European Commission launches three infringement proceedings against Hungary

October 19. 2023. – 11:47 AM



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The European Commission has launched infringement proceedings against Hungary in three areas.

– the body said in a statement on Wednesday, which was also sent to Telex.

Along with three other countries, Hungary is threatened with a penalty for non-compliance with EU rules on public procurement and concessions. The Commission has identified several cases where national legislation allows for the use of negotiated procedures without prior publication. Other identified issues address certain national rules, which allow the modification of contracts related to public tasks and services, impose limits to subcontracting or introduce direct discrimination in favour of certain products originating in the region where the contracting authority is established.

Hungary is one of eight member states where the Commission has found failure to transpose the EU's "proportionality tests" set out in the Proportionality Test Directive, i.e. these countries have kept in force "unduly restrictive national rules". Five other member states have already rectified similar situations, following the ECJ's previous letters of formal notice. The Commission identified a number of problems, such as the exclusion of rules originating with national parliaments or in professional associations or bodies from the scope of the proportionality test obligation.

The EU's quasi-government has also called on Hungary and six other Member States to fully transpose the Directive on procedural safeguards for children who are suspects or accused persons in criminal proceedings into national law, as these countries haven’t yet done so. This Directive aims to guarantee common minimum standards regarding the rights of children who are suspects or accused persons in criminal proceedings to ensure their right to a fair trial across the EU. The Commission also adds that all seven member states have failed to fulfill the requirement to include a reference to the Directive in or accompanying the adoption of transposing measures.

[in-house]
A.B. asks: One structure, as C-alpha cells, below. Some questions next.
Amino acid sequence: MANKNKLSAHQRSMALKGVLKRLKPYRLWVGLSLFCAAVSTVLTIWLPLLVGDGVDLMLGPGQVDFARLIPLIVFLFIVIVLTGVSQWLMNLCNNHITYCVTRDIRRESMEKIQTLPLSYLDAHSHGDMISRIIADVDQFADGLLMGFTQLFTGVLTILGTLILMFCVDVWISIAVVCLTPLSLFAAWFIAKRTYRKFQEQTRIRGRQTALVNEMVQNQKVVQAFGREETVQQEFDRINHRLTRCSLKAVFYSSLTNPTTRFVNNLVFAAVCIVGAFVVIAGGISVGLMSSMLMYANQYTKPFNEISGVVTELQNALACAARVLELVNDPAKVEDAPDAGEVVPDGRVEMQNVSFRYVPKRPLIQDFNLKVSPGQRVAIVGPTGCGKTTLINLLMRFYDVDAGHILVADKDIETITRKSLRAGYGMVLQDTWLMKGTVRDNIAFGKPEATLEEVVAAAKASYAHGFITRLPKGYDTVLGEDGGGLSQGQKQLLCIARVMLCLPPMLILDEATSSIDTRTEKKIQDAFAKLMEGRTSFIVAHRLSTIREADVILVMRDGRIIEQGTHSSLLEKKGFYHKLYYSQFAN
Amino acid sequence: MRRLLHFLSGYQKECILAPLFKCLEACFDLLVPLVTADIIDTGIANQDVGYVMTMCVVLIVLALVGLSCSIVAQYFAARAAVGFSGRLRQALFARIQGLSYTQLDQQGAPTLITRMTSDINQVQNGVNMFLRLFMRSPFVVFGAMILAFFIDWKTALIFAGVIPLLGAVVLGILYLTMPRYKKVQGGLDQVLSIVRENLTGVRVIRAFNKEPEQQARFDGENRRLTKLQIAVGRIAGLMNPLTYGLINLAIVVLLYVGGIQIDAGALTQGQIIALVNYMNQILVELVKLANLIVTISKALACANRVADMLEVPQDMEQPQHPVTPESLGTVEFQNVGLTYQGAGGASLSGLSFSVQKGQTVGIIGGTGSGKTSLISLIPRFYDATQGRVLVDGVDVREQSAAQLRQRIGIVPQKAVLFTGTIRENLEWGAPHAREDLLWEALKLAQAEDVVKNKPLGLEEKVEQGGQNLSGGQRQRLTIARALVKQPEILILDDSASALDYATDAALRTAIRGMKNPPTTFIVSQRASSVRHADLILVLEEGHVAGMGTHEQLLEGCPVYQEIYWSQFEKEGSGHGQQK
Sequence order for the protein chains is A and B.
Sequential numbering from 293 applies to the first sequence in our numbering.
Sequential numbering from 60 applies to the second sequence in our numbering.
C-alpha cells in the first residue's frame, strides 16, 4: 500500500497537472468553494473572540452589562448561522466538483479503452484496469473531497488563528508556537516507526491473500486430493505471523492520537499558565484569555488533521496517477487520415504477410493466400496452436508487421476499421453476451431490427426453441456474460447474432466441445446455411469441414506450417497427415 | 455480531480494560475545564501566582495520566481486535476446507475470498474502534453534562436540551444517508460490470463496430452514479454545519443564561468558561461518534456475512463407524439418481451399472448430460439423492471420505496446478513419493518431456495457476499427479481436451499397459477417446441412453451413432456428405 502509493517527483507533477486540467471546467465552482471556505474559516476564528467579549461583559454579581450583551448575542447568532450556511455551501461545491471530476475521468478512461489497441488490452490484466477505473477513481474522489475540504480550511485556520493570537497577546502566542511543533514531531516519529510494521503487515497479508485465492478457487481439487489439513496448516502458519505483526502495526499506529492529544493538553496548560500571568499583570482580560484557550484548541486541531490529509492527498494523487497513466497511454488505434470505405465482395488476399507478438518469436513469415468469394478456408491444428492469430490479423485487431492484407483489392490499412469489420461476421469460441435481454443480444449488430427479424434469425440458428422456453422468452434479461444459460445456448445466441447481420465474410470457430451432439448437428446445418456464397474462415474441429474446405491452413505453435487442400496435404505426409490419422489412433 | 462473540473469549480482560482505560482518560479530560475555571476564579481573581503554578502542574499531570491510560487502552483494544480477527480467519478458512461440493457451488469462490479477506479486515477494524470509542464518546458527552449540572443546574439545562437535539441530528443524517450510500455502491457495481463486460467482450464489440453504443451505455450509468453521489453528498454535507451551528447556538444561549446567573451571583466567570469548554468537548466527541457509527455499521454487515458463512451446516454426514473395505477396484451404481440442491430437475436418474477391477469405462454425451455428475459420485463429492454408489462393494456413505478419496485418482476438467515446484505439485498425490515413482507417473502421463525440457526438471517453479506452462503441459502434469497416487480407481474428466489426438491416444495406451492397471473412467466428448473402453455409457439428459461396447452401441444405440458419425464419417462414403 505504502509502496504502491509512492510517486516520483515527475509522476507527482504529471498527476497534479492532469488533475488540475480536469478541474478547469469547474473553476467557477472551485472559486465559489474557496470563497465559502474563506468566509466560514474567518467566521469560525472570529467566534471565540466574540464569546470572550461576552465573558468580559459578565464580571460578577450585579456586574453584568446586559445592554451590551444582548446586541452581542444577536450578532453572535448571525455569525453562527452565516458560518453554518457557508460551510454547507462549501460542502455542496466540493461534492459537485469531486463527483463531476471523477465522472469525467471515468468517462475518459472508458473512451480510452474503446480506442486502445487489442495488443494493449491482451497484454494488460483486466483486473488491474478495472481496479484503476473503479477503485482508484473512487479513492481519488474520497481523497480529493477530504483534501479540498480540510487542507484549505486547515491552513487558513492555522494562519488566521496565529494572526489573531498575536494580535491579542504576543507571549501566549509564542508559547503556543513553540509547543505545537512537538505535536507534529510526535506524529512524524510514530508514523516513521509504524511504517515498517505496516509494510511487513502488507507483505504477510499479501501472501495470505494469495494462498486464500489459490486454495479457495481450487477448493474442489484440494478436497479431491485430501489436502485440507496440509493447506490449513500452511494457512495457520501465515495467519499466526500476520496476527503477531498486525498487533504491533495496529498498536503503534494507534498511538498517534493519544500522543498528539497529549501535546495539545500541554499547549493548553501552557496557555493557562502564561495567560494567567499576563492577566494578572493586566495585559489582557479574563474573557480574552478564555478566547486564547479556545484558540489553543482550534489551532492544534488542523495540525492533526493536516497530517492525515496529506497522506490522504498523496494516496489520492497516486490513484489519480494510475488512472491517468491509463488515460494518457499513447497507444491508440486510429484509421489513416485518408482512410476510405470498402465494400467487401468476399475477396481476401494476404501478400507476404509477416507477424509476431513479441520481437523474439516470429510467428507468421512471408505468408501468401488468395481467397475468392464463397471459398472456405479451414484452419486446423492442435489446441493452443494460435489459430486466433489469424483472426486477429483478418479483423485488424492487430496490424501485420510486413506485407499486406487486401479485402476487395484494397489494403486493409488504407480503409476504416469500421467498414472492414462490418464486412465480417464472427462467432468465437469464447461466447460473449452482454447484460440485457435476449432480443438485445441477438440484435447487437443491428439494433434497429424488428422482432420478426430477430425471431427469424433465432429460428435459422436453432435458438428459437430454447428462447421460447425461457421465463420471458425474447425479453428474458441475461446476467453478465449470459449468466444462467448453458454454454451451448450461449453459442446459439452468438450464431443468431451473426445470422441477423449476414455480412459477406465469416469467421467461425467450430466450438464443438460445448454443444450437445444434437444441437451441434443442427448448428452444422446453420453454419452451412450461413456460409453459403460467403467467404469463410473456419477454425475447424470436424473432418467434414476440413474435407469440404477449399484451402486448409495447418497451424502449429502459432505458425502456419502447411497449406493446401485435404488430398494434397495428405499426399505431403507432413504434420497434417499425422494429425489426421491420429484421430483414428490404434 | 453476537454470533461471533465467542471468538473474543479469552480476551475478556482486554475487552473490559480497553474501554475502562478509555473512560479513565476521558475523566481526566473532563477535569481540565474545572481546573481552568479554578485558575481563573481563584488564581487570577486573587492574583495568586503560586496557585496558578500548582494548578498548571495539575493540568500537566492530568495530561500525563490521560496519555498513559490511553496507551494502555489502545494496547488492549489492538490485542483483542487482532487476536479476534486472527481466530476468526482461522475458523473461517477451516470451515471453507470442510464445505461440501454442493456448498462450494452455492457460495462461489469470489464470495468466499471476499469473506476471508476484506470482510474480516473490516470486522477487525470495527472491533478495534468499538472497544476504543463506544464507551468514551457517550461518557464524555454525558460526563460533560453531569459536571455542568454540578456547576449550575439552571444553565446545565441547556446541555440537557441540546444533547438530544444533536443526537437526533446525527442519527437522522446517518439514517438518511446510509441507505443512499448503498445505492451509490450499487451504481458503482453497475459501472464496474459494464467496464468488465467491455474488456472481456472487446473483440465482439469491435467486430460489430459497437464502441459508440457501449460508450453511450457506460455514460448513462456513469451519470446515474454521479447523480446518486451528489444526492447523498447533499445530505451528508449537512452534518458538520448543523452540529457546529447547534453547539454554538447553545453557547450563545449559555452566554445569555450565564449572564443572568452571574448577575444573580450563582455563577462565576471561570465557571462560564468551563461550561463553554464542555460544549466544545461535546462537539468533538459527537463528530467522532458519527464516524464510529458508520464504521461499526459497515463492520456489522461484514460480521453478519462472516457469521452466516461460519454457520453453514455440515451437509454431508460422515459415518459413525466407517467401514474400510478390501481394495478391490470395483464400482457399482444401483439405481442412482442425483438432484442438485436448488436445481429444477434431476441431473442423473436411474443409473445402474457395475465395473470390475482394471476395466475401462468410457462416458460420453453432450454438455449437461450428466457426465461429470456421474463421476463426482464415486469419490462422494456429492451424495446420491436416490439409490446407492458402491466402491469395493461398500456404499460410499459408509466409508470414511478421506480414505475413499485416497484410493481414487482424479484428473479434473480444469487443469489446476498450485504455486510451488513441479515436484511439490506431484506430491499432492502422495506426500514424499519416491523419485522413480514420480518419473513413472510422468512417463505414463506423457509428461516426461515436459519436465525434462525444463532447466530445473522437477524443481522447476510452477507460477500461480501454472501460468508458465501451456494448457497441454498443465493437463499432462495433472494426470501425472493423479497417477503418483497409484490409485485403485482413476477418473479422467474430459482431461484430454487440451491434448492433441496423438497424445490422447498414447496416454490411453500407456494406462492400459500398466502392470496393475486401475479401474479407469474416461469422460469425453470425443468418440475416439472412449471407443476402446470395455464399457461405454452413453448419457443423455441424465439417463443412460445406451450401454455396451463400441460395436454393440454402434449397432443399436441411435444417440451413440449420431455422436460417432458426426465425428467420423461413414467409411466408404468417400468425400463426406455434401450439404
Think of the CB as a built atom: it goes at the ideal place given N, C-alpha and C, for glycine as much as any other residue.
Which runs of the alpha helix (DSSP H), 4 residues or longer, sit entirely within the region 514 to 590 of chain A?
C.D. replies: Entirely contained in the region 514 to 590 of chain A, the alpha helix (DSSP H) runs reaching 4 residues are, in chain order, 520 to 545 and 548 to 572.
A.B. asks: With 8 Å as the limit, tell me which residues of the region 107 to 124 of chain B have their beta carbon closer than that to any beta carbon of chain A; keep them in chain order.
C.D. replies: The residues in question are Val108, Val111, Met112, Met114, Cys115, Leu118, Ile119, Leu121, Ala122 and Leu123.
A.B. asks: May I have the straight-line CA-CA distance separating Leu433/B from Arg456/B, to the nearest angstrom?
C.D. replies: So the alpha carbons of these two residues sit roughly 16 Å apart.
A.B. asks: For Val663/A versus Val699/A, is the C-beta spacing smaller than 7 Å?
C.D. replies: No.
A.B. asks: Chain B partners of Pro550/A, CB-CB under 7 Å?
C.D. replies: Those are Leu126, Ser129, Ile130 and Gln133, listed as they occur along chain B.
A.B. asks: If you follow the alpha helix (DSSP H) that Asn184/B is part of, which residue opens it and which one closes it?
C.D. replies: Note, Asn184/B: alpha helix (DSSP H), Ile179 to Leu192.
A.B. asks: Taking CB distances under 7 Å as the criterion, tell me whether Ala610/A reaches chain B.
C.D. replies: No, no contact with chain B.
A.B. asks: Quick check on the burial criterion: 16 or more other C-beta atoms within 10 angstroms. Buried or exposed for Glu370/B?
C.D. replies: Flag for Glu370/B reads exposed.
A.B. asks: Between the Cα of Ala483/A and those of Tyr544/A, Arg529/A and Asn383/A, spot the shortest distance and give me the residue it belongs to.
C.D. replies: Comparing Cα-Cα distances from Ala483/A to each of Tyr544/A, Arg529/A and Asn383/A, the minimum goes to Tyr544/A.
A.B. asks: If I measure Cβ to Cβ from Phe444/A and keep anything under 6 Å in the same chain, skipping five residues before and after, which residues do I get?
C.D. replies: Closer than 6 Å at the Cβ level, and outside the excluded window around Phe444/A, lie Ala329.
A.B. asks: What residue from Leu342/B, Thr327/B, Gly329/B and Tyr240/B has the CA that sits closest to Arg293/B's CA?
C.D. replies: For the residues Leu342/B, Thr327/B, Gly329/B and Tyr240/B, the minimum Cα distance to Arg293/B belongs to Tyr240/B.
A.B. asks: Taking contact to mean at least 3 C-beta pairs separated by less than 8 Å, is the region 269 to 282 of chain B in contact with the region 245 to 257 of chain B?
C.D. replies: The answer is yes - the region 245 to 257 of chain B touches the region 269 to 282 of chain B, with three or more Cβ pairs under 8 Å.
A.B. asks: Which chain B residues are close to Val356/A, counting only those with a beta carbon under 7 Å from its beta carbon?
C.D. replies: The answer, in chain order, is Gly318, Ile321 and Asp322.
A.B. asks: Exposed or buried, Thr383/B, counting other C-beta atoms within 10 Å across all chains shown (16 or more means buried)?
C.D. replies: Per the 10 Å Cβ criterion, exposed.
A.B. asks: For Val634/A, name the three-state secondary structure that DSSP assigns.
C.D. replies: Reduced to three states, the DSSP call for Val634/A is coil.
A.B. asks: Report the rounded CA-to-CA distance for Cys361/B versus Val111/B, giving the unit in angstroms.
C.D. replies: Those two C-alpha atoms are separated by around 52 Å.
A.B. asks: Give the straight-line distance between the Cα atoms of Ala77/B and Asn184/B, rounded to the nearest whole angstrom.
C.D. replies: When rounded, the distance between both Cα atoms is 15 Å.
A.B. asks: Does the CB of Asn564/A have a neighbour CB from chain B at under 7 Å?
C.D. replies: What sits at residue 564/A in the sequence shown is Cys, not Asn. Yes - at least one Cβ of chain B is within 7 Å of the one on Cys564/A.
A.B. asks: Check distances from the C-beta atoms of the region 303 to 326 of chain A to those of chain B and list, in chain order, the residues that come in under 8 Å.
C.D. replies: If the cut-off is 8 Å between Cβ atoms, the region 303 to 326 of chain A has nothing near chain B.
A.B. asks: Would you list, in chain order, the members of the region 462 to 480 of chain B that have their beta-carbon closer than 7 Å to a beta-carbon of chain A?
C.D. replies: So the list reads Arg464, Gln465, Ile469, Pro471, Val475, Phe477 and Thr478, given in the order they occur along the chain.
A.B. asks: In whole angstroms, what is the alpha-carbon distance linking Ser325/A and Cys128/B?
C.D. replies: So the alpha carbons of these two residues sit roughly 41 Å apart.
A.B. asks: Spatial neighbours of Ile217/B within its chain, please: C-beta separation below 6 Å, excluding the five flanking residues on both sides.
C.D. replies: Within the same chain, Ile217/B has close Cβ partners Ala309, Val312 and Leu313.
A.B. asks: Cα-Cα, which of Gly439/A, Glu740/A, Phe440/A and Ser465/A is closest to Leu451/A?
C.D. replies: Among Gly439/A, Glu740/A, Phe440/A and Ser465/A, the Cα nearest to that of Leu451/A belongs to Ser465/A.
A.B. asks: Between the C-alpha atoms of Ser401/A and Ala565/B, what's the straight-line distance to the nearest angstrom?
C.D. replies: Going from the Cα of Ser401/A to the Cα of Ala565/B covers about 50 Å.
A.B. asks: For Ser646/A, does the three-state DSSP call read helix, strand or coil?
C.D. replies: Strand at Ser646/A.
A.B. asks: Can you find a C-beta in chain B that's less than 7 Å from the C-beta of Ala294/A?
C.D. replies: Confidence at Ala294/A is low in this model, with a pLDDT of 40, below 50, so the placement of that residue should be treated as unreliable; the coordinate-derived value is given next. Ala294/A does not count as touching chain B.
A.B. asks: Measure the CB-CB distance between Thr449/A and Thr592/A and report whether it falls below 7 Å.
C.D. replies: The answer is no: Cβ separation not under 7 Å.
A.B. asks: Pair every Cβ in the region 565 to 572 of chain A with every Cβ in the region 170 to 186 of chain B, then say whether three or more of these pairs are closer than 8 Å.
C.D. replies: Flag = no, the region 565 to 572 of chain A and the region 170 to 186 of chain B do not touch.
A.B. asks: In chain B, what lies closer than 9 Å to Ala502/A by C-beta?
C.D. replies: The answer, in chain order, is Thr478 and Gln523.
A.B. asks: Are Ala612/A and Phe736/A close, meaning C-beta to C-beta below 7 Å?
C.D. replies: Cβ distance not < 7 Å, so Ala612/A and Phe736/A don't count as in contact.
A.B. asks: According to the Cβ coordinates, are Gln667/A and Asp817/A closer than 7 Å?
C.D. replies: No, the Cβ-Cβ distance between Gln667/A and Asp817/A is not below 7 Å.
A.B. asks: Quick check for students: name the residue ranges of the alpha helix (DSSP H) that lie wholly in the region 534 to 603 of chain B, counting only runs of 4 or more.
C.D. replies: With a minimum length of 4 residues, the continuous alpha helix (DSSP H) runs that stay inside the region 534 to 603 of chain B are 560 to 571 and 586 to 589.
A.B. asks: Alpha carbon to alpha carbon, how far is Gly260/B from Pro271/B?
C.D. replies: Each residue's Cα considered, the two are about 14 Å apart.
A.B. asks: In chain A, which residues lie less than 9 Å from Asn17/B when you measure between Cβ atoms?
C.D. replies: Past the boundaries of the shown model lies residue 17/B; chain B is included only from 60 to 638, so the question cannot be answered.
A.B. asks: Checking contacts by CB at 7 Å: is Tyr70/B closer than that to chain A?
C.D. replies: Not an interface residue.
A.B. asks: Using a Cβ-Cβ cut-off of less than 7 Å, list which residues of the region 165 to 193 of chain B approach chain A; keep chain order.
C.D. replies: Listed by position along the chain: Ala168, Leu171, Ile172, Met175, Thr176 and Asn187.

Okay, but what is an infringement procedure?

The purpose of infringement procedures, which cover different sectors and areas of policy, is to ensure that Member States apply EU law fully and correctly in the interests of citizens and businesses. The European Commission primarily seeks to resolve problems with the concerned Member States through dialogue, but if this is not successful, the Commission may refer the matter to the Court of Justice of the European Union to enforce EU law.

As can be seen from the above, the Commission does not specifically discuss suspected cases of non-compliance by country, so the specific cases deemed problematic are not known. However, in light of recent history, Porfolio believes that in Hungary’s case, non-compliance with EU rules on public procurement and concessions may concern the recent concessioning of waste treatment and motorways. In 2022, Transparency International Hungary submitted a notification to the European Commission, arguing that the Hungarian motorway concession is not compliant with EU law because it is in fact disguised as a public procurement, but is carried out without respecting public procurement rules and the inclusion of subcontractors is also contestable under competition law.

In the case of waste management, it was expected that the Commission might investigate the legality of the monopoly granted to MOL by the Hungarian government for a period of 35 years, as well as why the government had amended the legislation to make the task a public service.

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